3. International collaboration between collections, aggregators, and researchers within the biodiversity community and beyond is becoming increasingly important in our efforts to support biodiversity, conservation and the life of the planet. The social, technical, logistical and financial aspects of an equitable biodiversity data landscape – from workforce training and mobilization of linked specimen data, to data integration, use and publication – must be considered globally and within the context of a growing biodiversity crisis. In recent years, several initiatives have outlined paths forward that describe how digital versions of natural history specimens can be extended and linked with associated data. In the United States, Webster (2017) presented the “extended specimen”, which was expanded upon by Lendemer et al. (2019) through the work of the Biodiversity Collections Network (BCoN). At the same time, a “digital specimen” concept was developed by DiSSCo in Europe (Hardisty 2020). Both the extended and digital specimen concepts depict a digital proxy of an analog natural history specimen, whose digital nature provides greater capabilities such as being machine-processable, linkages with associated data, globally accessible information-rich biodiversity data, improved tracking, attribution and annotation, additional opportunities for data use and cross-disciplinary collaborations forming the basis for FAIR (Findable, Accessible, Interoperable,more »Reproducible) and equitable sharing of benefits worldwide, and innumerable other advantages, with slight variation in how an extended or digital specimen model would be executed. Recognizing the need to align the two closely-related concepts, and to provide a place for open discussion around various topics of the Digital Extended Specimen (DES; the current working name for the joined concepts), we initiated a virtual consultation on the discourse platform hosted by the Alliance for Biodiversity Knowledge through GBIF. This platform provided a forum for threaded discussions around topics related and relevant to the DES. The goals of the consultation align with the goals of the Alliance for Biodiversity Knowledge: expand participation in the process, build support for further collaboration, identify use cases, identify significant challenges and obstacles, and develop a comprehensive roadmap towards achieving the vision for a global specification for data integration. In early 2021, Phase 1 launched with five topics: Making FAIR data for specimens accessible; Extending, enriching and integrating data; Annotating specimens and other data; Data attribution; and Analyzing/mining specimen data for novel applications. This round of full discussion was productive and engaged dozens of contributors, with hundreds of posts and thousands of views. During Phase 1, several deeper, more technical, or additional topics of relevance were identified and formed the foundation for Phase 2 which began in May 2021 with the following topics: Robust access points and data infrastructure alignment; Persistent identifier (PID) scheme(s); Meeting legal/regulatory, ethical and sensitive data obligations; Workforce capacity development and inclusivity; Transactional mechanisms and provenance; and Partnerships to collaborate more effectively. In Phase 2 fruitful progress was made towards solutions to some of these complex functional and technical long-term goals. Simultaneously, our commitment to open participation was reinforced, through increased efforts to involve new voices from allied and complementary fields. Among a wealth of ideas expressed, the community highlighted the need for unambiguous persistent identifiers and a dedicated agent to assign them, support for a fully linked system that includes robust publishing mechanisms, strong support for social structures that build trustworthiness of the system, appropriate attribution of legacy and new work, a system that is inclusive, removed from colonial practices, and supportive of creative use of biodiversity data, building a truly global data infrastructure, balancing open access with legal obligations and ethical responsibilities, and the partnerships necessary for success. These two consultation periods, and the myriad activities surrounding the online discussion, produced a wide variety of perspectives, strategies, and approaches to converging the digital and extended specimen concepts, and progressing plans for the DES -- steps necessary to improve access to research-ready data to advance our understanding of the diversity and distribution of life. Discussions continue and we hope to include your contributions to the DES in future implementation plans.« less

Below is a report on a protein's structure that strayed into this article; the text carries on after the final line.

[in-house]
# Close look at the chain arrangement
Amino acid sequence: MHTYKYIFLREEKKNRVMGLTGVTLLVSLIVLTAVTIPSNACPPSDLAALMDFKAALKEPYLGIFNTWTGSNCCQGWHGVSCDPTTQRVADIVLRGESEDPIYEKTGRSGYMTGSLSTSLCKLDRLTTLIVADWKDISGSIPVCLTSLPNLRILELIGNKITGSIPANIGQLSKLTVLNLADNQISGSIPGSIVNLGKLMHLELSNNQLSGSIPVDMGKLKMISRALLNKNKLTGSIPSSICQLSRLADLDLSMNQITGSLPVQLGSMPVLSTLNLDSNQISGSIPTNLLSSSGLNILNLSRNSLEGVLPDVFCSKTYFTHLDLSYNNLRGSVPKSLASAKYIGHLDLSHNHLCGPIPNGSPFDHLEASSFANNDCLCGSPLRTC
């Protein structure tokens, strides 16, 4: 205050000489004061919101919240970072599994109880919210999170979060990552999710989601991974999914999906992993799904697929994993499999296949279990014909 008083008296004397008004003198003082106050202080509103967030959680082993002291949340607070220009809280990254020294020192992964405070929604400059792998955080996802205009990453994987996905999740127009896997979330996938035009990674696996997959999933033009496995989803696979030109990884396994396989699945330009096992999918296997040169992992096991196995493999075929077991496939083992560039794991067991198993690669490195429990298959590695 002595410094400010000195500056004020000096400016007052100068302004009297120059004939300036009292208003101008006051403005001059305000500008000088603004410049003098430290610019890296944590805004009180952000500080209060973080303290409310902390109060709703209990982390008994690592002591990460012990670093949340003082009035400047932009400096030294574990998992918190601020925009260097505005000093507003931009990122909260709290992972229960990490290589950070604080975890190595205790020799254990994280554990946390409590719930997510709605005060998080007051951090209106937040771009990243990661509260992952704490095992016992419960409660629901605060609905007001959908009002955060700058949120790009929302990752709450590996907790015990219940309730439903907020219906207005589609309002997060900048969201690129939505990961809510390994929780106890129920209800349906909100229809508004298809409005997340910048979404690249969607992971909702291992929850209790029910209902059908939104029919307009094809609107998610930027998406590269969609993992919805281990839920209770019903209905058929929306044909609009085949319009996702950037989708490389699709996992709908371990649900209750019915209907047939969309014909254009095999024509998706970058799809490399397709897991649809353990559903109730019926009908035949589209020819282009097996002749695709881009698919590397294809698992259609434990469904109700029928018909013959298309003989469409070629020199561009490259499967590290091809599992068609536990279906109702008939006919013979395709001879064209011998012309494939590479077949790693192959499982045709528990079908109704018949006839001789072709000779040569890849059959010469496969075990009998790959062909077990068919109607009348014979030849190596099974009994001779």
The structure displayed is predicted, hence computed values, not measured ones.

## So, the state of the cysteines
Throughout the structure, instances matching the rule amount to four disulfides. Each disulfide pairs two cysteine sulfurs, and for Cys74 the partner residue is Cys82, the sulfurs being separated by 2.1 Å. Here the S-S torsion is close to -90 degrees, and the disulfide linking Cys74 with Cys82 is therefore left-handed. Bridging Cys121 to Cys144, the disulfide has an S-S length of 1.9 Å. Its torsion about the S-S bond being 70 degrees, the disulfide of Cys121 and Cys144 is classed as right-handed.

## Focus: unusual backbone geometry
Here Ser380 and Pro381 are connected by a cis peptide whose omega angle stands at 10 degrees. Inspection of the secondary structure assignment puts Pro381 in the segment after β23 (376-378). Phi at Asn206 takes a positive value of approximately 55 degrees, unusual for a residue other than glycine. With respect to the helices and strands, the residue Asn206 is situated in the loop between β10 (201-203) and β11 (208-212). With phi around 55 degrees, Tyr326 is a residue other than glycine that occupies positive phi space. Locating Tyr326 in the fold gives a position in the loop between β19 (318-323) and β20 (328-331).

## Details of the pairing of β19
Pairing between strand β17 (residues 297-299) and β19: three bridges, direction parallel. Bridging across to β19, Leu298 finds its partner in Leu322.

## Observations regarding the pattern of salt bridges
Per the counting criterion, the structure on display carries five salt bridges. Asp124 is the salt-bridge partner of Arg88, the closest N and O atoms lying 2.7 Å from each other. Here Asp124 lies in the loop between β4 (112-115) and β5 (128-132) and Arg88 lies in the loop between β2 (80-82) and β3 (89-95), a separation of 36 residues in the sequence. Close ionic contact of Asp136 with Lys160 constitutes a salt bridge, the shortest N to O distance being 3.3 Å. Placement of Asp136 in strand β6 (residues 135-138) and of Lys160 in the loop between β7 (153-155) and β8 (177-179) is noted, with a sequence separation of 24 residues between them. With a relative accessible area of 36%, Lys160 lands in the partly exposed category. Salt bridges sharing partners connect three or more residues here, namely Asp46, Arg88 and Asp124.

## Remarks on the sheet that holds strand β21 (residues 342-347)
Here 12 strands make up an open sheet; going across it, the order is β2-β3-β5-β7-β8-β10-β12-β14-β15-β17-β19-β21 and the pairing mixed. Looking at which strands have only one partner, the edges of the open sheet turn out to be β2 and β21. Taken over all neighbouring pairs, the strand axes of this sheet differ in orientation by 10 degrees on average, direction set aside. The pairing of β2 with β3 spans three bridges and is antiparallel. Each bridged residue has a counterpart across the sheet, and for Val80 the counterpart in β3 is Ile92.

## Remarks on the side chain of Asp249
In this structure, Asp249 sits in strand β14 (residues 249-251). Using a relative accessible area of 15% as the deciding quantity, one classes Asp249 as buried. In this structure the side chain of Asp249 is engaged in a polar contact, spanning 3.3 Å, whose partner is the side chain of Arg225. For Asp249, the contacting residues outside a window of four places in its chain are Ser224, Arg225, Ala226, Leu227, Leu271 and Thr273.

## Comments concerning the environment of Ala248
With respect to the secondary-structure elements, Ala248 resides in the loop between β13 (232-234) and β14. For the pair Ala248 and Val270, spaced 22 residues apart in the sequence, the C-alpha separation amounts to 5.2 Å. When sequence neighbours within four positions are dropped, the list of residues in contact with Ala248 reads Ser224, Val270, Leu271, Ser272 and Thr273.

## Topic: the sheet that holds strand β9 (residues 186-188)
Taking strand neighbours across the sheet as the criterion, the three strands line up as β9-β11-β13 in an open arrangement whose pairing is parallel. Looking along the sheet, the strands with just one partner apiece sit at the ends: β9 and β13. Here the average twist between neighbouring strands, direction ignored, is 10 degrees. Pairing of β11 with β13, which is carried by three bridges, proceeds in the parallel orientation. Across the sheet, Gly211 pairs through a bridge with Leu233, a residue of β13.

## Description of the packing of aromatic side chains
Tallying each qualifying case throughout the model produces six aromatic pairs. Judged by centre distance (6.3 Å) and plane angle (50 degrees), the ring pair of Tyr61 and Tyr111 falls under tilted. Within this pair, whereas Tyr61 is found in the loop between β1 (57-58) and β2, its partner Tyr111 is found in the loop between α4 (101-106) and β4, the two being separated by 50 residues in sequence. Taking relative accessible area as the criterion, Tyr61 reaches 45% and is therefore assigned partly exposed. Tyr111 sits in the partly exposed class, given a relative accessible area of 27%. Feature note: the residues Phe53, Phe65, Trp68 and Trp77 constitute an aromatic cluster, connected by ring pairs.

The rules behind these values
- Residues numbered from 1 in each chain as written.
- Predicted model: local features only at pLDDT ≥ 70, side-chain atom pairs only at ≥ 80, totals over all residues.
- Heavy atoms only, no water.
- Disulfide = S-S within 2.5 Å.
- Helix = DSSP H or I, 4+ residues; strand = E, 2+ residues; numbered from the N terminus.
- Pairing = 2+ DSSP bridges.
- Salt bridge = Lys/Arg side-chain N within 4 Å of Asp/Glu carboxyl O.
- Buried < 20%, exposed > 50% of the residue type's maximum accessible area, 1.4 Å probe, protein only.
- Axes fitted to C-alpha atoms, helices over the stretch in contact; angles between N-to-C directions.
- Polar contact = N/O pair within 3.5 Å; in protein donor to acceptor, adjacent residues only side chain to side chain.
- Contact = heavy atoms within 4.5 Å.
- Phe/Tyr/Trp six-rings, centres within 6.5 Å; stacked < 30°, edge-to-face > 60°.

4. Primary biodiversity data records that are open access and available in a standardised format are essential for conservation planning and research on policy-relevant time-scales. We created a dataset to document all known occurrence data for the Federally Endangered Poweshiek skipperling butterfly [ Oarismapoweshiek (Parker, 1870; Lepidoptera: Hesperiidae)]. The Poweshiek skipperling was a historically common species in prairie systems across the upper Midwest, United States and Manitoba, Canada. Rapid declines have reduced the number of verified extant sites to six. Aggregating and curating Poweshiek skipperling occurrence records documents and preserves all known distributional data, which can be used to address questions related to Poweshiek skipperling conservation, ecology and biogeography. Over 3500 occurrence records were aggregated over a temporal coverage from 1872 to present. Occurrence records were obtained from 37 data providers in the conservation and natural history collection community using both “HumanObservation” and “PreservedSpecimen” as an acceptable basisOfRecord. Data were obtained in different formats and with differing degrees of quality control. During the data aggregation and cleaning process, we transcribed specimen label data, georeferenced occurrences, adopted a controlled vocabulary, removed duplicates and standardised formatting. We examined the dataset for inconsistencies with known Poweshiek skipperling biogeography and phenology and we verified ormore »removed inconsistencies by working with the original data providers. In total, 12 occurrence records were removed because we identified them to be the western congener Oarismagarita (Reakirt, 1866). This resulting dataset enhances the permanency of Poweshiek skipperling occurrence data in a standardised format. This is a validated and comprehensive dataset of occurrence records for the Poweshiek skipperling ( Oarismapoweshiek ) utilising both observation and specimen-based records. Occurrence data are preserved and available for continued research and conservation projects using standardised Darwin Core formatting where possible. Prior to this project, much of these occurrence records were not mobilised and were being stored in individual institutional databases, researcher datasets and personal records. This dataset aggregates presence data from state conservation agencies, natural heritage programmes, natural history collections, citizen scientists, researchers and the U.S. Fish & Wildlife Service. The data include opportunistic observations and collections, research vouchers, observations collected for population monitoring and observations collected using standardised research methodologies. The aggregated occurrence records underwent cleaning efforts that improved data interoperablitity, removed transcription errors and verified or removed uncertain data. This dataset enhances available information on the spatiotemporal distribution of this Federally Endangered species. As part of this aggregation process, we discovered and verified Poweshiek skipperling occurrence records from two previously unknown states, Nebraska and Ohio.« less